The FOOD CO-OP (Food Community Organization of People) is a grocery store which focuses on selling food at low prices, as well as offering quality natural foods. The organization began, however, as a traditional buying co-op in 1970 in the UNIV. CIRCLE area, operating without a permanent location. In 1974 the co-op opened a store at 12408 Euclid Ave. in EAST CLEVELAND, where bulk products were also offered. The store was open 3 days a week and was staffed by volunteers. Members, who were required to work a certain number of hours per month in the store as well as pay a membership fee, received substantial discounts on purchases. At this time no canned goods or meats were carried.
In 1978 the store moved to 11628 Euclid Ave., near CASE WESTERN RESERVE UNIV. Many of its new customers at this time were students of the school. It was the largest co-op in the Cleveland area at this time. In 1984 the store moved to a 4,000 sq. ft. space at 11792 Euclid Ave. The co-op was now the last of its kind in the Cleveland area and had 1,500 households as members. Paid employees were added to the staff. The donated work time requirement was dropped in 1985, and the range of products was expanded to include meats and non-food items. In 1989 prepared take-out fare was added to the co-op's product line. The early 1990s saw the expansion of the co-op, as the Co-op Cafe at CWRU's One-to-One Fitness Center opened in 1990, while the Euclid Ave. store erected a new kitchen and connecting walkway in 1993. In 1994 an affiliated Food Co-op store opened in the COVENTRY VILLAGE BUSINESS DISTRICT of CLEVELAND HTS. Sales that year for both stores exceeded $4 million. The co-op's focus had evolved from that of the traditional buying co-op to that of a store which also carries items for the health-conscious consumer.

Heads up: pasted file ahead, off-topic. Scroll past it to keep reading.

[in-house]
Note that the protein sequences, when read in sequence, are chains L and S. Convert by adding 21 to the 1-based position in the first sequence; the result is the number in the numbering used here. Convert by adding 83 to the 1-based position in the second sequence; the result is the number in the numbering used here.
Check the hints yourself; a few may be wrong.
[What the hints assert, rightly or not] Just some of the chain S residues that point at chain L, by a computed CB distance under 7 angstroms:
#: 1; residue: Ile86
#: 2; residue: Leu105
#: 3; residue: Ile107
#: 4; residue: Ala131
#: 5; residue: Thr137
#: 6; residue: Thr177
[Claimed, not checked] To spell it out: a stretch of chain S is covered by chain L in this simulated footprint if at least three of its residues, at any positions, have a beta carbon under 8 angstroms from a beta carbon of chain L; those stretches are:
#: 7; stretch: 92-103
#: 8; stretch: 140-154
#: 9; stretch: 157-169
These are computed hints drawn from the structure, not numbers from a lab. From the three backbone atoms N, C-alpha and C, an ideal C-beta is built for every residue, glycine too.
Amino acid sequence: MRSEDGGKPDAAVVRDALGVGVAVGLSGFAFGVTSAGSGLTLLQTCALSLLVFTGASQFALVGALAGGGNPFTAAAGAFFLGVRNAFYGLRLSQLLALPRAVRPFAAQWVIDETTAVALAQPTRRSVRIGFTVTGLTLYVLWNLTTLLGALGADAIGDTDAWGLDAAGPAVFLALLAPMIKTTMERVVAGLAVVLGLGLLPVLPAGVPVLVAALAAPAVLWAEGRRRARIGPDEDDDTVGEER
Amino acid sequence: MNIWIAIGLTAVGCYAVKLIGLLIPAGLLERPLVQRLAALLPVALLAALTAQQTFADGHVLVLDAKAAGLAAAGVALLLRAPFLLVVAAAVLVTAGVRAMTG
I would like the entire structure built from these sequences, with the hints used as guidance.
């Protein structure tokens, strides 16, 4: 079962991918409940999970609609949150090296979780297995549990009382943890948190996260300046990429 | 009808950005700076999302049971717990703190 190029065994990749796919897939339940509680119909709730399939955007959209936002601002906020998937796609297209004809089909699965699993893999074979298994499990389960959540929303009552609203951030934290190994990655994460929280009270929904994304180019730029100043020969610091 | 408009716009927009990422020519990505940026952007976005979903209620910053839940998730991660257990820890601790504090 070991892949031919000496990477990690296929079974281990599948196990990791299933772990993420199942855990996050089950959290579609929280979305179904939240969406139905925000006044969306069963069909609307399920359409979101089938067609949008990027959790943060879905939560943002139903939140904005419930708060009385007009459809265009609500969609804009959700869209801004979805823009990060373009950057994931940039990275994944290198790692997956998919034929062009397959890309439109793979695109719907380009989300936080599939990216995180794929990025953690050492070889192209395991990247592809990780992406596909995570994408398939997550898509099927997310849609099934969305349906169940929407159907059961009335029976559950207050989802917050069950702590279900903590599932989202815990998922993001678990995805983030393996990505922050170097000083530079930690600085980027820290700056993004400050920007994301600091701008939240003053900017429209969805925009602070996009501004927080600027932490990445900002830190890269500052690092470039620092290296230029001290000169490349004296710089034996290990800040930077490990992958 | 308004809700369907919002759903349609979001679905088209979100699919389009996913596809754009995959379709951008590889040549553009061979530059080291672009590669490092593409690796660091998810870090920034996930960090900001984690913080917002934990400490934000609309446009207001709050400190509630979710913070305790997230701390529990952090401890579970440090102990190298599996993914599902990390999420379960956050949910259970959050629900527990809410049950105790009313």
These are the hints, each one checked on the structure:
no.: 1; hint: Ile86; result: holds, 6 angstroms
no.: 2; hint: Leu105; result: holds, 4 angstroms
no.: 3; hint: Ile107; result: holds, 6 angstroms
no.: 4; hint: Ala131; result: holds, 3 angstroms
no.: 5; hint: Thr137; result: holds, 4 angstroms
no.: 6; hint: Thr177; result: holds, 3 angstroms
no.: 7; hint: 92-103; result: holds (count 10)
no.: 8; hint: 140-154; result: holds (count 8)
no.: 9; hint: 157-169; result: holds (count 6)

In 1998, an attempt to unionize Co-op workers failed, leading to some disaffection among both members and staff, compounded by competition from three new health food stores that were to open in the area during the next two years, including the Mustard Seed Market store in SOLON in the fall of 1999 and Wild Oats stores at WOODMERE and SHAKER SQUARE in August and December 2000, respectively. The Co-op also faced competition from mainstream grocery stores which increasingly began adding natural selections to own their own shelves. In response to a growing financial crisis, the Co-op hired natural food cooperative turnaround consultant, John Newman, of Fayetteville, Ark., who began work on January 15, 2001. Newman solicited pledges of volunteer time and increased spending from Co-op members at an emergency meeting held at the CHURCH OF THE COVENANT on March 13. Also speaking at the meeting was U.S. Rep. DENNIS KUCINICH, a Co-op member. Newman implemented productivity incentives and improved inventory control and staff scheduling. His measures successfully slowed the rate of financial losses but were unable to avert a decision to close the Coventry store effective January 26, 2002, in the face of a debt of approximately $40,000. Co-op managers hoped that the closing would help reinforce the viability of the remaining Euclid Avenue store.
From a paid membership of 15,000 in 1995, the co-op had decreased to approximately 10,000 members in 2002. The members annually elect a 9-member Board of Trustees for staggered 3-year terms. Matt Mesok served as general manager since the middle of 2001.